Six Differentiators in Successful Enterprise-wide Technology Projects
The differentiators between success and failure
There are an astonishingly large number of enterprise-wide technology projects that fail. However, Build sees some key differentiators that make enterprise-wide technology projects, that are inherently more complex, successful.
Successful enterprise-wide technology projects:
- Understand and communicate the scale of the change.
- Create a data strategy tied to organizational strategy.
- Surface and address differences of opinion among stakeholders.
- Identify and plan for changes in staffing.
- Plan and budget for a multi-year technology initiative.
- Address waning interest and growing fatigue.
Perhaps, not surprisingly, many of these differentiators are up-front investments that successful organizations make. They assess, plan, and invest in what is ahead—well in advance of an enterprise-wide technology project.
Assessing your organization’s readiness, developing a strategic vision, and communicating the scale of change is a thread that runs through all of Build’s recommended investments for our clients.
Understand and socialize the scale of change
Change management is being stressed by more and more technology consultants and vendors. At Build, change management is central to the way we think about technology change, and has been since our founding.
In our experience, software companies or implementations tend to view change management as something that starts at implementation. But viewing change as starting at implementation misses opportunities for early learnings that can impact the overall direction. It is essential to do an assessment of change considerations before diving into an enterprise-wide technology transformation.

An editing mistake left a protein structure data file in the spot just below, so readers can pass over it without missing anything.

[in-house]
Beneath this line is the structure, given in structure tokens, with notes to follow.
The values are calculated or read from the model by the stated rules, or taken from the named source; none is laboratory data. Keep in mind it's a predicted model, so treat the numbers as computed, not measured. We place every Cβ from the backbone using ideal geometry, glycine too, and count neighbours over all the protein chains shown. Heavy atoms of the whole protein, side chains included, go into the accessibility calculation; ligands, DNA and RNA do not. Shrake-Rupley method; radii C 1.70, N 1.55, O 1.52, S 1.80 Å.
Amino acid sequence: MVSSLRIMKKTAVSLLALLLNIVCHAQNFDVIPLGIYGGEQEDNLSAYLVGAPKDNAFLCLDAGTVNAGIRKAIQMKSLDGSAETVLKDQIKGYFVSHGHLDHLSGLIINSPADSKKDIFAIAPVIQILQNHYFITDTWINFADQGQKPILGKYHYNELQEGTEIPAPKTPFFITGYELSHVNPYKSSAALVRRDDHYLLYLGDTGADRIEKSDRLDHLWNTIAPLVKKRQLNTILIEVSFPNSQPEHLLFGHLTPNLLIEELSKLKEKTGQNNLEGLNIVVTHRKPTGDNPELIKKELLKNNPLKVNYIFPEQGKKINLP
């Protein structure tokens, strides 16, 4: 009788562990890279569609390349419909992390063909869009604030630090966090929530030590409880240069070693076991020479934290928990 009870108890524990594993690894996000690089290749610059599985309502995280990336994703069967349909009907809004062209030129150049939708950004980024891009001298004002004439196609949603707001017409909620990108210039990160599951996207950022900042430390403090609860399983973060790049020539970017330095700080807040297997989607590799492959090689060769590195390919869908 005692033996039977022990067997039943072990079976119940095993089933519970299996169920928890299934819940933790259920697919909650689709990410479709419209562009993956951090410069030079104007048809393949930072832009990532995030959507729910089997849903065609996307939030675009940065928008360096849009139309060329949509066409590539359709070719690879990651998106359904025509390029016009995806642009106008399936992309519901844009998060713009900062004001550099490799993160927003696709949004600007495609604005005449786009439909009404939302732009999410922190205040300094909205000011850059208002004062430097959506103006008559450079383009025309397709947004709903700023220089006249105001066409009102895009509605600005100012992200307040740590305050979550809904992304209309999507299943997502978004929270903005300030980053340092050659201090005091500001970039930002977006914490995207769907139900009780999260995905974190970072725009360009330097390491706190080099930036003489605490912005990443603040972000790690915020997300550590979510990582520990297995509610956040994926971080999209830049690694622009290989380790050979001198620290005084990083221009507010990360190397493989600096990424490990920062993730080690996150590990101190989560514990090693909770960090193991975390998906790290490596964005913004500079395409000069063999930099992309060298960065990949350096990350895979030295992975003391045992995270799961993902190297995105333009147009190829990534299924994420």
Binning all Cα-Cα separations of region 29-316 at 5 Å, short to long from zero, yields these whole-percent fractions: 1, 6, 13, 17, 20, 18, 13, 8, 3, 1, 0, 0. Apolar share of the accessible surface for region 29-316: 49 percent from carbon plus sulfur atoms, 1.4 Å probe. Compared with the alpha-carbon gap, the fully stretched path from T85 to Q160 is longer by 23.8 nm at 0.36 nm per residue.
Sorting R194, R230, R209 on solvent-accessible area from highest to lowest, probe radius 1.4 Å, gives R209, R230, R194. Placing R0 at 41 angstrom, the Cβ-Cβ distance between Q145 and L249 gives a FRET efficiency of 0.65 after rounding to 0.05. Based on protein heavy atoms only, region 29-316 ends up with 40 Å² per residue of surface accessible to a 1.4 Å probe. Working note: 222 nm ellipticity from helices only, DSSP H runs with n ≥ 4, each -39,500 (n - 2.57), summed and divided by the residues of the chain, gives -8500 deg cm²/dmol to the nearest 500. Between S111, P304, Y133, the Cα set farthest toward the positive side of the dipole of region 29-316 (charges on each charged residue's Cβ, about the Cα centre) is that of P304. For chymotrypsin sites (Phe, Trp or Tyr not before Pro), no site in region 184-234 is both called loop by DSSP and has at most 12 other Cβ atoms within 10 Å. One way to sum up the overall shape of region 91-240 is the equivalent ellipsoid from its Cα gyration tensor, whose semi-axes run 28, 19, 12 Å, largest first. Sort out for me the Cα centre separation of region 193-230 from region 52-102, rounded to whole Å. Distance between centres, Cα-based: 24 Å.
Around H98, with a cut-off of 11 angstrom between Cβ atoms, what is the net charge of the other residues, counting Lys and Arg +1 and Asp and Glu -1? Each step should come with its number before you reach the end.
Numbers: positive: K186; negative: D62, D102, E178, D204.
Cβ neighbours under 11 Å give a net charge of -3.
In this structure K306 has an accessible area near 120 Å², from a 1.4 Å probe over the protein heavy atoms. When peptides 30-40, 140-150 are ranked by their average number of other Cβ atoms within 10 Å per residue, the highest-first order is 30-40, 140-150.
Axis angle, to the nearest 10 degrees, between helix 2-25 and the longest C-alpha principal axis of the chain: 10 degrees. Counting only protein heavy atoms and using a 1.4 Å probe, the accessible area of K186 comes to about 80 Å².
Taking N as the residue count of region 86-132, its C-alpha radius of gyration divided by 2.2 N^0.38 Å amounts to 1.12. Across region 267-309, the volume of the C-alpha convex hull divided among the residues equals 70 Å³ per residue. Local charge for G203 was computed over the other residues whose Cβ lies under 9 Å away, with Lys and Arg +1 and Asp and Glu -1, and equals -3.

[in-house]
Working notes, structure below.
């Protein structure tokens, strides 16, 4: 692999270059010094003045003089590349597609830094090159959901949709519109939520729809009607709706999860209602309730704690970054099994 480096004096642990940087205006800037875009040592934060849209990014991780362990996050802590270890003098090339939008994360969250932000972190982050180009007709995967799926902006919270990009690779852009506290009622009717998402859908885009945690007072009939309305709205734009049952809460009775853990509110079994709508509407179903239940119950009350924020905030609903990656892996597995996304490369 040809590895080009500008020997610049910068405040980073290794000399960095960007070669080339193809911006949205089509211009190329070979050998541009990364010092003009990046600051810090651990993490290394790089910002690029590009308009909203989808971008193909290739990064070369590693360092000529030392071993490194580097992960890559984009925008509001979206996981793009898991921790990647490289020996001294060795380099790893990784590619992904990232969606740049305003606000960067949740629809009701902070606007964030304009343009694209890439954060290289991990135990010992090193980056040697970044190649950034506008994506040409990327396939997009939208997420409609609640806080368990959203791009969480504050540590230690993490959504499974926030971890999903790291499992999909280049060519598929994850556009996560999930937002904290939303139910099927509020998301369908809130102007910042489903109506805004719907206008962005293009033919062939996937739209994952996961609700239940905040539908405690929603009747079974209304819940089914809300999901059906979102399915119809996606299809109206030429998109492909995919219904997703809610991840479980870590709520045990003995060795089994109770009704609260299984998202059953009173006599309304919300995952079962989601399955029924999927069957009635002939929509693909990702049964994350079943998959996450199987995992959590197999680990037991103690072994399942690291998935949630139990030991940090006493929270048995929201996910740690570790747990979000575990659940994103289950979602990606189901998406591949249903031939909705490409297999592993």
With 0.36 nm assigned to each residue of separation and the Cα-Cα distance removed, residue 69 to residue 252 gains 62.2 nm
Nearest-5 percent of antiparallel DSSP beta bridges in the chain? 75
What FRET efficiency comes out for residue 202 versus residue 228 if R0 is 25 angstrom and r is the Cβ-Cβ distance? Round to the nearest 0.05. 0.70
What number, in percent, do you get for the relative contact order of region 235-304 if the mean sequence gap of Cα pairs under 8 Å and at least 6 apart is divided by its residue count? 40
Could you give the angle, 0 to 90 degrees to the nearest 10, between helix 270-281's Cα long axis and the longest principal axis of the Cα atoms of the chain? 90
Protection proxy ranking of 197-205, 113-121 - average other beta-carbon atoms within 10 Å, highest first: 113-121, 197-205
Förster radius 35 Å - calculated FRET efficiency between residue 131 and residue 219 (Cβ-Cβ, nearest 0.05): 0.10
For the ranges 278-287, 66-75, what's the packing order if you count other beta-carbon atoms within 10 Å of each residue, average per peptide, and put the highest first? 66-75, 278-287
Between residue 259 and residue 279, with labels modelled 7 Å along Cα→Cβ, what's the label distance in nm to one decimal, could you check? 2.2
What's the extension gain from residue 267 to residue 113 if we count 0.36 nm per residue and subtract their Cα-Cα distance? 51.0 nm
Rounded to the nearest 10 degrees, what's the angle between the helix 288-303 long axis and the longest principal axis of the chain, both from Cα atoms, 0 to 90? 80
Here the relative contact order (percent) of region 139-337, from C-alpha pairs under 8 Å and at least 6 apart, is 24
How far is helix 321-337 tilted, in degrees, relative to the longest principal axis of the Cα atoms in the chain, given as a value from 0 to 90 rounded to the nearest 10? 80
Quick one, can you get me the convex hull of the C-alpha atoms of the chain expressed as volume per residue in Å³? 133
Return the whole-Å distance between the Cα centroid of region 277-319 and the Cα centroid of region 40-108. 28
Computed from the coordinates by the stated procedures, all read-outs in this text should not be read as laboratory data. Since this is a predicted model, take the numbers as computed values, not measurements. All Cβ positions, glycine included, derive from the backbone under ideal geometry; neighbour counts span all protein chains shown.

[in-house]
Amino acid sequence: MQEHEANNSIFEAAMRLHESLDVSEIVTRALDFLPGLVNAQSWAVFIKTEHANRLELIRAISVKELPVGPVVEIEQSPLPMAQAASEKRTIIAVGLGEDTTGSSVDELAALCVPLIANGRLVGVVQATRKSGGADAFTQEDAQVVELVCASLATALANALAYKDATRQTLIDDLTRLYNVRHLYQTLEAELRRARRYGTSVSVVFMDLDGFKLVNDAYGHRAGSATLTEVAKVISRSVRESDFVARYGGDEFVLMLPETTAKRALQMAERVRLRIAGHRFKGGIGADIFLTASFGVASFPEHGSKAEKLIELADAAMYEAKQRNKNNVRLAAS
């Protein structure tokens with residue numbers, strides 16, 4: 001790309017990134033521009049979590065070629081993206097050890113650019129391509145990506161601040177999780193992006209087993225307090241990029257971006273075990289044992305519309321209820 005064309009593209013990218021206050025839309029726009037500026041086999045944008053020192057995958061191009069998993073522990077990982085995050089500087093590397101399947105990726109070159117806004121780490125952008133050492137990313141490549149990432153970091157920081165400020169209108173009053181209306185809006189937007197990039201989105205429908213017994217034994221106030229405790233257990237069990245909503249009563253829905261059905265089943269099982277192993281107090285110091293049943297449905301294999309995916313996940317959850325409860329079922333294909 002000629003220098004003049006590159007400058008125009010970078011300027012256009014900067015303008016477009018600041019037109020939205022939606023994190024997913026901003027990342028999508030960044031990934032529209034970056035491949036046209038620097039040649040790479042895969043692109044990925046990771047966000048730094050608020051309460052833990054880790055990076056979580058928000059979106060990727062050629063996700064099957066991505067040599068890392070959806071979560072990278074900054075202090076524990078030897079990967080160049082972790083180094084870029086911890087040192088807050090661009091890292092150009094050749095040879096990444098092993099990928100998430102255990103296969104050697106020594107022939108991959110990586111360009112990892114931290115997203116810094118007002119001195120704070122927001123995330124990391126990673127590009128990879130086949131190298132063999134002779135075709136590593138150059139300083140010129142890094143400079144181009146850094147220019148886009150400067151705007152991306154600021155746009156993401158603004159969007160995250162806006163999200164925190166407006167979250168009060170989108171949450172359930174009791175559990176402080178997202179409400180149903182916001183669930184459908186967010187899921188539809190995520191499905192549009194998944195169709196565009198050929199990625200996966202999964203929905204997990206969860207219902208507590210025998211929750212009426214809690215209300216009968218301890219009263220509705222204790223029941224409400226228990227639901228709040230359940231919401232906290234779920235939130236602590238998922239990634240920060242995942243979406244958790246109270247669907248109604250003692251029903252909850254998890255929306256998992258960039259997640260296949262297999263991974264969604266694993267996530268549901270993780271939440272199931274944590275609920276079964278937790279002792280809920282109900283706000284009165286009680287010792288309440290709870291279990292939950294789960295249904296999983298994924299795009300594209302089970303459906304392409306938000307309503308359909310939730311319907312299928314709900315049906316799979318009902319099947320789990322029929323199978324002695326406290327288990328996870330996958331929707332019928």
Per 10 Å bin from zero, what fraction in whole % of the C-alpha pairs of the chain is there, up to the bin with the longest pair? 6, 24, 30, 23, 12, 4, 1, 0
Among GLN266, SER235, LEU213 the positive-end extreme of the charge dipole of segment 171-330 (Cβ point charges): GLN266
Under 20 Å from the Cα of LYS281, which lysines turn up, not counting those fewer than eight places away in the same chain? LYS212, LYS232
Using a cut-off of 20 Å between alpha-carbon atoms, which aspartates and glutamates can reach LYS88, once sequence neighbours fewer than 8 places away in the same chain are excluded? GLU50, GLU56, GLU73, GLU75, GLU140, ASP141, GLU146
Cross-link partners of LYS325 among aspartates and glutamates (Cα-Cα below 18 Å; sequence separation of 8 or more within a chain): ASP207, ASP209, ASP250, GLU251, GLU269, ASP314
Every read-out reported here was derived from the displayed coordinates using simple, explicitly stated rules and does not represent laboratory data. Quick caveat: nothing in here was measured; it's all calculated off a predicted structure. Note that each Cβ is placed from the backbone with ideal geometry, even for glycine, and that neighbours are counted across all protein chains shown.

A thorough technology assessment socializes the scale of change ahead with leadership and the broader organization. This informs investments in change management before, during, and after the project. There must be leadership alignment around the change itself, the scale of the changes, and how to manage the change.
Create a data strategy tied to organizational strategy
Data is an asset, not a simply a biproduct of organizational activity. Enterprise-wide technology projects will not succeed if the underlying goal is that “more” data is “better.” If the goal of the project is to create better constituent experiences, for example, what data will support those experiences? How will you know you are successful in creating something better?
It is imperative to take the time to outline the way the data support your organizational strategy. A data strategy can help drive technology investments by creating summary and detailed data maps, inventories, and models. Data strategies promote the creation of information and tools necessary to visualize the gaps and opportunities for technology investments. Leaders and their teams should gain agreement around the organizational strategic data needs and how an enterprise-wide technology project supports those.
Surface and address differences of opinion among stakeholders
Enterprise-wide technology projects that make people feel heard is a key differentiator that makes projects successful. Stakeholders feeling heard is different than making sure everyone agrees. Enterprise-wide technology projects mean new ways of working and operating and leaders should seek understanding of differing views, experiences, and opinions. Everyone should get a voice, but not everyone should get a vote.